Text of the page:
I realise I’ve started off sounding rather negative about this novel; so I need another post to indicate some of this novel’s virtues and delights. And maybe a few more cavils.

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27 thoughts on “Dignity with sleekness: Anthony Trollope, The Warden

  1. I live about a five minute walk from the Hospital of St Cross, which you mention as one of the real-life models for the Warden (locally we like to think it is our book, rather than Salisbury’s) and have always been intrigued by the moral framework in this book: I like the book very much, but not sure about the logic or rightness of the principles within. Will be interested to hear your further comments.

    • Moira: I hope to redress the balance a little next time. But I couldn’t accept the criticism of injustice while condoning its instrument on the flimsy grounds that the Warden was a sweet, inoffensive man while his opponents were hypocrites. Trollope has skewed the situation to suit his admittedly humane moral purpose. But it has many merits, as I shall try to show in my next post. Just had to get these objections down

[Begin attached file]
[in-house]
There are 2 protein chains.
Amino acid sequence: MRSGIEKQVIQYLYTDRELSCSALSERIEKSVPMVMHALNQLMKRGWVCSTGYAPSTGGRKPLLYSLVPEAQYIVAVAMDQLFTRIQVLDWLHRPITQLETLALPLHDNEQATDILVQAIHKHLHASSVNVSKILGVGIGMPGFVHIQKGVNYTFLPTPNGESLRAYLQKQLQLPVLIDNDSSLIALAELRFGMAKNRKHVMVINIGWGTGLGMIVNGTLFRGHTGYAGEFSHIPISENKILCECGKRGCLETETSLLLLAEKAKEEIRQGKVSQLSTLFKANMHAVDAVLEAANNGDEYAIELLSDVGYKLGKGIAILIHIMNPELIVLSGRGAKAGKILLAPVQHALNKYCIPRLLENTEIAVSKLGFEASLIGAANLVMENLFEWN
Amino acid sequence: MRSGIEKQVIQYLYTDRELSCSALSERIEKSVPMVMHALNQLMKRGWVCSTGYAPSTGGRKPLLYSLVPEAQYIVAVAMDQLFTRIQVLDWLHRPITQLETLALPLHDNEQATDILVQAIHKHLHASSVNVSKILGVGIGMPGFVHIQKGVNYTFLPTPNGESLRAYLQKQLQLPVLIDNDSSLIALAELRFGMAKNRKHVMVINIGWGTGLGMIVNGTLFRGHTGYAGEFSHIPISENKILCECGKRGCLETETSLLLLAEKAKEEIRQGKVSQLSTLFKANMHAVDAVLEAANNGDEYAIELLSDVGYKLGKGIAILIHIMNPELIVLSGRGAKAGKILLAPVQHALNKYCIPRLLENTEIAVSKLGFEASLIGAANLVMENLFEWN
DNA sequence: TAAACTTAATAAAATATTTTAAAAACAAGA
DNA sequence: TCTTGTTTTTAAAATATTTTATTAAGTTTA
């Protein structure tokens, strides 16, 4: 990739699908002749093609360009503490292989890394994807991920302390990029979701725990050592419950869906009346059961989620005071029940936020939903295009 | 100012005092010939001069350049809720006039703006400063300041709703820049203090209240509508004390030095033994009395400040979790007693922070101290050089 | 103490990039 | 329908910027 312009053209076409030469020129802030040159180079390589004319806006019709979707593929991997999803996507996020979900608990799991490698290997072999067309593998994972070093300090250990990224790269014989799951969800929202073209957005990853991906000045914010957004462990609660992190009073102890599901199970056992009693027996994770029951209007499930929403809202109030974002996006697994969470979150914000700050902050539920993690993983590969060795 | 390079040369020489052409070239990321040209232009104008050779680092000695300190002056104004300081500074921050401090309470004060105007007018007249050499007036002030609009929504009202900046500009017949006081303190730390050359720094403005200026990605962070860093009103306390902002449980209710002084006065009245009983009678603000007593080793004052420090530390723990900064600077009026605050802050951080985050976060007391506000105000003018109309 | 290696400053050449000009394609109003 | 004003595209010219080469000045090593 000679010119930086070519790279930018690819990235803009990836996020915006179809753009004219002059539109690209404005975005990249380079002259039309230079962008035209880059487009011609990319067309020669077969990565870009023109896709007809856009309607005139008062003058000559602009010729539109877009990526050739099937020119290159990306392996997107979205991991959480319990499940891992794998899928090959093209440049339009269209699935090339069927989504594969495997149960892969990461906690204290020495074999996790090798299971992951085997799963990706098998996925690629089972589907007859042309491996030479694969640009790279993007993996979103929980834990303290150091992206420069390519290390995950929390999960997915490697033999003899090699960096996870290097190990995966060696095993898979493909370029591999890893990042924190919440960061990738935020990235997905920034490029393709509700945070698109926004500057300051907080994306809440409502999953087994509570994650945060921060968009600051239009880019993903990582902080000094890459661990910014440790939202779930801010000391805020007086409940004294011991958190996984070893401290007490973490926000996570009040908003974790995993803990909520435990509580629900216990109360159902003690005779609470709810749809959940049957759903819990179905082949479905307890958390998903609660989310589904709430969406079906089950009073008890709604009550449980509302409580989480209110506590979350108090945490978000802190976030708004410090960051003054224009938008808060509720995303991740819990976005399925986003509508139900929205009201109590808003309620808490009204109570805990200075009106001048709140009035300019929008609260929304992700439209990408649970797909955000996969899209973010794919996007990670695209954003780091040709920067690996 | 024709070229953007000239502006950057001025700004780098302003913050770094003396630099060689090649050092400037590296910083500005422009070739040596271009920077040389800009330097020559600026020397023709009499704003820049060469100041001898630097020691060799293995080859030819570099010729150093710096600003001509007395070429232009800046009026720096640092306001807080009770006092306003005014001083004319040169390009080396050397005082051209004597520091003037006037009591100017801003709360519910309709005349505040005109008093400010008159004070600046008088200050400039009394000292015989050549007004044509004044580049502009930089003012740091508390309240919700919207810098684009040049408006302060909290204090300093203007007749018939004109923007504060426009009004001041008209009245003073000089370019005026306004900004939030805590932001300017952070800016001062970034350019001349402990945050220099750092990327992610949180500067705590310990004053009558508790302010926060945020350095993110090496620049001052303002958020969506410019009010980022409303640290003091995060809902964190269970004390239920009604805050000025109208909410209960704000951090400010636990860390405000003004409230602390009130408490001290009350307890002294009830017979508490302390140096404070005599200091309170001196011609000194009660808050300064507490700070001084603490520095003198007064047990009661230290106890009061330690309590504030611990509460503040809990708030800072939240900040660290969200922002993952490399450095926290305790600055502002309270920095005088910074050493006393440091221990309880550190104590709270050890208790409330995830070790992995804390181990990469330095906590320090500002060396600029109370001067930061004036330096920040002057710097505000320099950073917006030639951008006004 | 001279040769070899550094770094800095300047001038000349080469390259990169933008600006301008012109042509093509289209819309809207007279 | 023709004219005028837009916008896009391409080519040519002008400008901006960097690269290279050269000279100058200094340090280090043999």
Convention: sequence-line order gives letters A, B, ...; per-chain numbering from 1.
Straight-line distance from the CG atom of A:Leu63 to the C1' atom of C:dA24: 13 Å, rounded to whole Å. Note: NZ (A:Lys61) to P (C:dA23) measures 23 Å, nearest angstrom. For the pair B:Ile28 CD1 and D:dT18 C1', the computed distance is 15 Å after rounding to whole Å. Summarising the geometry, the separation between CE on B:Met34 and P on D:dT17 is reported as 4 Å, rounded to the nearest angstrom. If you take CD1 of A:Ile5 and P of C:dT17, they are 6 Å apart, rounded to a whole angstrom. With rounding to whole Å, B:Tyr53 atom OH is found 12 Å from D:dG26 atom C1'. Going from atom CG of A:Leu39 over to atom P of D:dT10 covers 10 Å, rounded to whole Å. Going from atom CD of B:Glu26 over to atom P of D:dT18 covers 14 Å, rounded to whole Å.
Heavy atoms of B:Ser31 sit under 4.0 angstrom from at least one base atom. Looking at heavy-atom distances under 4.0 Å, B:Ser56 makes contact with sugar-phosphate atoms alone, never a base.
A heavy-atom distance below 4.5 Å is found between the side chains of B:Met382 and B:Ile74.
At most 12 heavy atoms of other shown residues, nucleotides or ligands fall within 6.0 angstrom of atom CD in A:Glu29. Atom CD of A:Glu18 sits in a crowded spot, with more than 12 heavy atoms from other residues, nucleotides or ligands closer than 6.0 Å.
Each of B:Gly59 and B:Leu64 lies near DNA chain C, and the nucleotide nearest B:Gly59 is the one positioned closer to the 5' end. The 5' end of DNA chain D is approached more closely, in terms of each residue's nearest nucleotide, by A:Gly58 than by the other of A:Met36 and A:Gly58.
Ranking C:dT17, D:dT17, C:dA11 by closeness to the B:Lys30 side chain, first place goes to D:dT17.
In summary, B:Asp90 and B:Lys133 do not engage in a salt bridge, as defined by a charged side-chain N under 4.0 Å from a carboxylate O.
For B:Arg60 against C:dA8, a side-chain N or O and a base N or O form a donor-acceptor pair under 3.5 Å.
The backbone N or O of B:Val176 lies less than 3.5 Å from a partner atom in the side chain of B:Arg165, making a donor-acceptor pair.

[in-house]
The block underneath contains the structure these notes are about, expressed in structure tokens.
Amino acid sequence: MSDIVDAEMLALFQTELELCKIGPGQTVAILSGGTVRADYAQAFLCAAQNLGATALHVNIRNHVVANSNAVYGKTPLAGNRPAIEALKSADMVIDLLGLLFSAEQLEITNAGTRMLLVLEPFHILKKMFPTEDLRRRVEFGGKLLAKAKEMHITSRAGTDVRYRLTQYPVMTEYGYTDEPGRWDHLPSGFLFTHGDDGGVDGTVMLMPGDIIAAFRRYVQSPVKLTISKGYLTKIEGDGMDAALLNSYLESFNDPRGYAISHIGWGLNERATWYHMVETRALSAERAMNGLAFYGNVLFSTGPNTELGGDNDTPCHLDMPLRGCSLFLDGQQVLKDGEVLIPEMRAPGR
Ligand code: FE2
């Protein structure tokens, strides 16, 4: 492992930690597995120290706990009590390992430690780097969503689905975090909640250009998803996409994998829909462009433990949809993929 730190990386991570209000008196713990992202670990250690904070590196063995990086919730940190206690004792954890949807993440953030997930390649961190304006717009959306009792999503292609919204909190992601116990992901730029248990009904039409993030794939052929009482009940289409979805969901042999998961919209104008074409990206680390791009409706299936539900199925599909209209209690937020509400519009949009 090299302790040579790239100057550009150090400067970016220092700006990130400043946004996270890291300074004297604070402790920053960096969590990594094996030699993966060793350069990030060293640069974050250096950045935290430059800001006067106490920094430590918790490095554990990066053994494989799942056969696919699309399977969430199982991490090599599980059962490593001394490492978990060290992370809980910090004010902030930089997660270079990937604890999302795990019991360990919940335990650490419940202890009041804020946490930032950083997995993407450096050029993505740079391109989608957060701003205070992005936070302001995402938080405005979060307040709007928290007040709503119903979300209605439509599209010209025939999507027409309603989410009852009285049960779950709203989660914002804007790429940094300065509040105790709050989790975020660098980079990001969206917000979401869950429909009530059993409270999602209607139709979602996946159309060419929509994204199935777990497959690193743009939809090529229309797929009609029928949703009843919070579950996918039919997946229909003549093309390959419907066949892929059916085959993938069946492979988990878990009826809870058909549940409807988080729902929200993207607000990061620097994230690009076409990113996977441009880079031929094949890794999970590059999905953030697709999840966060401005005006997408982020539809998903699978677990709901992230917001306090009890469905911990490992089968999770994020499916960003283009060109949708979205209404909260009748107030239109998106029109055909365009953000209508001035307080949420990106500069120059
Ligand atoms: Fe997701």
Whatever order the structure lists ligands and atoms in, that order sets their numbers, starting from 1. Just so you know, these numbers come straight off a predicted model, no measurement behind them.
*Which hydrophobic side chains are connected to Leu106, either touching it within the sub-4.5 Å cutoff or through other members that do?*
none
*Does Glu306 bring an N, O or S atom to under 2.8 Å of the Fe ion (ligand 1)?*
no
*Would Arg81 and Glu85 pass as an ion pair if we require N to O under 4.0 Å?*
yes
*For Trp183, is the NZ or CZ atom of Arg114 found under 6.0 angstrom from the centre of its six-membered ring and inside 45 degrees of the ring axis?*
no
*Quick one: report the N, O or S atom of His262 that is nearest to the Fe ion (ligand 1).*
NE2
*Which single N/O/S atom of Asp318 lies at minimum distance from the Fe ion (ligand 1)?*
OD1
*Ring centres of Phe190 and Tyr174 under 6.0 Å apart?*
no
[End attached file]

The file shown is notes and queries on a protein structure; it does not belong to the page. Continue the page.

2. Yes, though I’m trying to discount that this one is one of my favourites, I think you’ve been a bit hard on Trollope. I think it’s the light touch in the satire that makes it all the more effective, but I also think that part of the agenda is to show that reformists can indeed be brutal in achieving their ends, and that sometimes they hit the wrong target. In other words, any kind of reform – no matter how much it is needed, root and branch and all – has unintended victims.